The last two questions are about percentiles, and you can see my notes here. There are also questions of this sort on the problem set, so I note which students were able to follow confidently on these problems, and I know that I'll target those who could not when we get to work.
I have also prepared two additional slides that show the same data in stacked dot plots and histograms. These allow me to extend the lecture by asking which representation is the most useful, or by offering another way to talk about shape, if we get to that. I'll use these as time allows in each class, either now, after students have worked for a while, or in an upcoming review lesson.
We've been following two parallel lesson sequences in this class, so I take a moment to check in with students. There is the ongoing "Where Does My Stuff Come From?" project, from which we're taking a one-day break after two days of work. In this project, there's a natural break in between Part 3 (which was the focus of yesterday's class) and Part 4 (which will kick off tomorrow). This allows time today, if necessary, for groups to put finishing touches on the work of data organization in Part 3.
I've turned part of today's agenda into a to-do list for students, so they can see exactly what needs to be finish. First is the project. Next there's the first Social Media Problem Set, and the main reason this is up is to remind student to turn it in, if they haven't already. If both of those are done, then students are ready for today's new problem set, Social Media #2.
Following the first Social Media Problem Set, on which students were asked to sift through a lot data, to plot it, and then to calculate measures of center and spread, today's problem set, Social Media #2 emphasizes analysis and interpretation. I hope to see that kids recognize that there's less work to do here, because a lot of what they had to do on the previous problem set is already done. This assignment is more about the synthesis and application of skills. Students must read a set of three box plots, compare them and interpret their differences, and calculate percentages.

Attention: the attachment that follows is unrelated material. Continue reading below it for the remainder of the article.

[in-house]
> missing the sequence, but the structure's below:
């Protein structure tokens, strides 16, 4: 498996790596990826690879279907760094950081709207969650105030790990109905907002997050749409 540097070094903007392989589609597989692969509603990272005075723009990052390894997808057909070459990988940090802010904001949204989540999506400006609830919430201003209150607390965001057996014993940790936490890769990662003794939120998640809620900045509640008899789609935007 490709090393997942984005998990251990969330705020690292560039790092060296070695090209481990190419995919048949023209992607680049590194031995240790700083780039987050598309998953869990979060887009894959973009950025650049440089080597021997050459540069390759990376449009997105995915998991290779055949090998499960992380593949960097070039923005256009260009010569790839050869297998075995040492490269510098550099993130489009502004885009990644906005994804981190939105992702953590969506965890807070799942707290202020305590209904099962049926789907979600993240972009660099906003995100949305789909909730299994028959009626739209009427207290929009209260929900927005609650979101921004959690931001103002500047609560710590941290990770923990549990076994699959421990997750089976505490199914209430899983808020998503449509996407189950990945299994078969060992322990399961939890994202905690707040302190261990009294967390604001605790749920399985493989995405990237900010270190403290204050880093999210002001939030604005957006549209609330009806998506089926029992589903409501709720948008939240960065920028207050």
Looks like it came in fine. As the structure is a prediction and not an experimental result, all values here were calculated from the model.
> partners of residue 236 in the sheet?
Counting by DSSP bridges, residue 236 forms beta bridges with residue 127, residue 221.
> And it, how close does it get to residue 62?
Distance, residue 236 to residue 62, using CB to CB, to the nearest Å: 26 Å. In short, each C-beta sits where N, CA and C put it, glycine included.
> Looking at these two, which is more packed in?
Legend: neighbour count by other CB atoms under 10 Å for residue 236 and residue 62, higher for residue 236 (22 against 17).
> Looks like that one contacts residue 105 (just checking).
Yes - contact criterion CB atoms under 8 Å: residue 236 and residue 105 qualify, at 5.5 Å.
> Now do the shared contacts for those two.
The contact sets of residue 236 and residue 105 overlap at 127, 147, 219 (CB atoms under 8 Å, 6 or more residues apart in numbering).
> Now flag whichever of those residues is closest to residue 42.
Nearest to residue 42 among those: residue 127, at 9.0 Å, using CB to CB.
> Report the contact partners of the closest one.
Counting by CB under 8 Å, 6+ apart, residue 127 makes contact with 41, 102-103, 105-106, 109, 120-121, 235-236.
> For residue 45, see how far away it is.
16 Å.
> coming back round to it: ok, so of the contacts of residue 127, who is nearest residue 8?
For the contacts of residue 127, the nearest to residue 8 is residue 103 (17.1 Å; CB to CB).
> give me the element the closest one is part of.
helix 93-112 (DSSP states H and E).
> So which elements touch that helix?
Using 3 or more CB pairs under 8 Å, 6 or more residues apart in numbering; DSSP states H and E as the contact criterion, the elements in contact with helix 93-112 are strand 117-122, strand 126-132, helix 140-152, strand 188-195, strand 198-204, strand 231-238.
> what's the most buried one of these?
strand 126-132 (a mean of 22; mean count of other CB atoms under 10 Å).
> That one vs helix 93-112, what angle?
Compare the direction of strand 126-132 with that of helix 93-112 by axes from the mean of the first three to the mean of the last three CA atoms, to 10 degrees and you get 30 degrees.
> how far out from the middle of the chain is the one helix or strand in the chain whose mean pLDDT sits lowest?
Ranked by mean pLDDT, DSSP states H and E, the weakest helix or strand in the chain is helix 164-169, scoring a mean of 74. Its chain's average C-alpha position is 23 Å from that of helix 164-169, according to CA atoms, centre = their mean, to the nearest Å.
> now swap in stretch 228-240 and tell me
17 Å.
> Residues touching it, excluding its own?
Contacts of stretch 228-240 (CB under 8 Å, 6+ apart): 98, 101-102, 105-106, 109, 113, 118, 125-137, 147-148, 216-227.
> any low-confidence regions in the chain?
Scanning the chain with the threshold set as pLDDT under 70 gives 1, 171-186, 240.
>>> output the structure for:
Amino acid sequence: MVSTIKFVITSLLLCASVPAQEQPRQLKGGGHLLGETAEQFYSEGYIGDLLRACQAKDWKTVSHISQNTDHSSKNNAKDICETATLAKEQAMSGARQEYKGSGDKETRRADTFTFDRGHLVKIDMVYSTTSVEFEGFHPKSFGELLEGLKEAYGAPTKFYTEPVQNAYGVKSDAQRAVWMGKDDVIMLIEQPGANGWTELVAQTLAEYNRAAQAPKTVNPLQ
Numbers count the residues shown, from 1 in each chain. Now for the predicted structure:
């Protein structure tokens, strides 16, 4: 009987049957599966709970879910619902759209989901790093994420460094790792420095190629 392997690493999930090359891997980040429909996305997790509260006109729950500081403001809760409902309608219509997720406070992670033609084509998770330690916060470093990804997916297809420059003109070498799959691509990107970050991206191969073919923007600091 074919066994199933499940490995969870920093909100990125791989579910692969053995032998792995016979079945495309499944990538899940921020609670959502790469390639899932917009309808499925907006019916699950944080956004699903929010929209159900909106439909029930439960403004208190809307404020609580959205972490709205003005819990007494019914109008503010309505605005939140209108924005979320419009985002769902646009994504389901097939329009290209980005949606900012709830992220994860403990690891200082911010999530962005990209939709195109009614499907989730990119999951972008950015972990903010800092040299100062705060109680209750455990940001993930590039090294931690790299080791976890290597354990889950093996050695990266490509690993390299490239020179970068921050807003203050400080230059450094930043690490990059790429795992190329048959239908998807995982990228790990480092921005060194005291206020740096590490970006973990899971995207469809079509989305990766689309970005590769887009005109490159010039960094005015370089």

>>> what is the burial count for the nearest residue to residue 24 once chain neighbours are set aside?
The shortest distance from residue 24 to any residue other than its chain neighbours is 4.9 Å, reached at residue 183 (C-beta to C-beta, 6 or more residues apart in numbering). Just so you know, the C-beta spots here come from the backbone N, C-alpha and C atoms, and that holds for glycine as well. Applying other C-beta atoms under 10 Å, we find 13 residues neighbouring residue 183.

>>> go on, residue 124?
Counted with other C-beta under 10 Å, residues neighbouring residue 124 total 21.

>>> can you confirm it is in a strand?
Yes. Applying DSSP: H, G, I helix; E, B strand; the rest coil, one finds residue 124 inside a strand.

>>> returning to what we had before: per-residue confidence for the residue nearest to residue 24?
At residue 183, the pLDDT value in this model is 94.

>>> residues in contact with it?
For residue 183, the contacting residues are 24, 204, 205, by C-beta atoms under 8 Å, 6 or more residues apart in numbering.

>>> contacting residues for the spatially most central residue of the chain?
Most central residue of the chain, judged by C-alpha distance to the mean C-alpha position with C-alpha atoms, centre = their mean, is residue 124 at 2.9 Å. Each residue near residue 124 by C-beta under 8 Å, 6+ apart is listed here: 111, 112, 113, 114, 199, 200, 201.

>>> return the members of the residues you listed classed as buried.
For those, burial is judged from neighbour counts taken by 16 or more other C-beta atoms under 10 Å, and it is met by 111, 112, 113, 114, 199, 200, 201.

I thought about calling this assignment a quiz before deciding against it, but I try to treat it like one once students get to work by staying out of their hair, and only helping if they have questions. When they do have questions, I guide them to consult their notes rather than answering directly. If they forget what "IQR" stands for, I show them where to find it. If they need help on the writing prompt or on the percentage problems, I remind them about today's mini-lesson.
The writing prompt is the most important part of this assignment, because it shows me how well each student understands the idea of interpretation. Based on the data, it's actually pretty hard to argue that any network is more popular than Facebook. Having a straightforward answer allows kids to focus on the evidence. I hope to see that each student specifically references the data, followed by their own explanations of what the data means. I know that not everyone is there yet, but when I return their work, I'll reference a few exemplars. At the end of the unit, there is another writing prompt like this, with a less obvious answer.
There is no formal closing to today's lesson because there's enough work here that everyone is busy right up to the bell. With a minute or so left in class, I tell students to submit whatever they can now, and finish up whatever is not done for homework.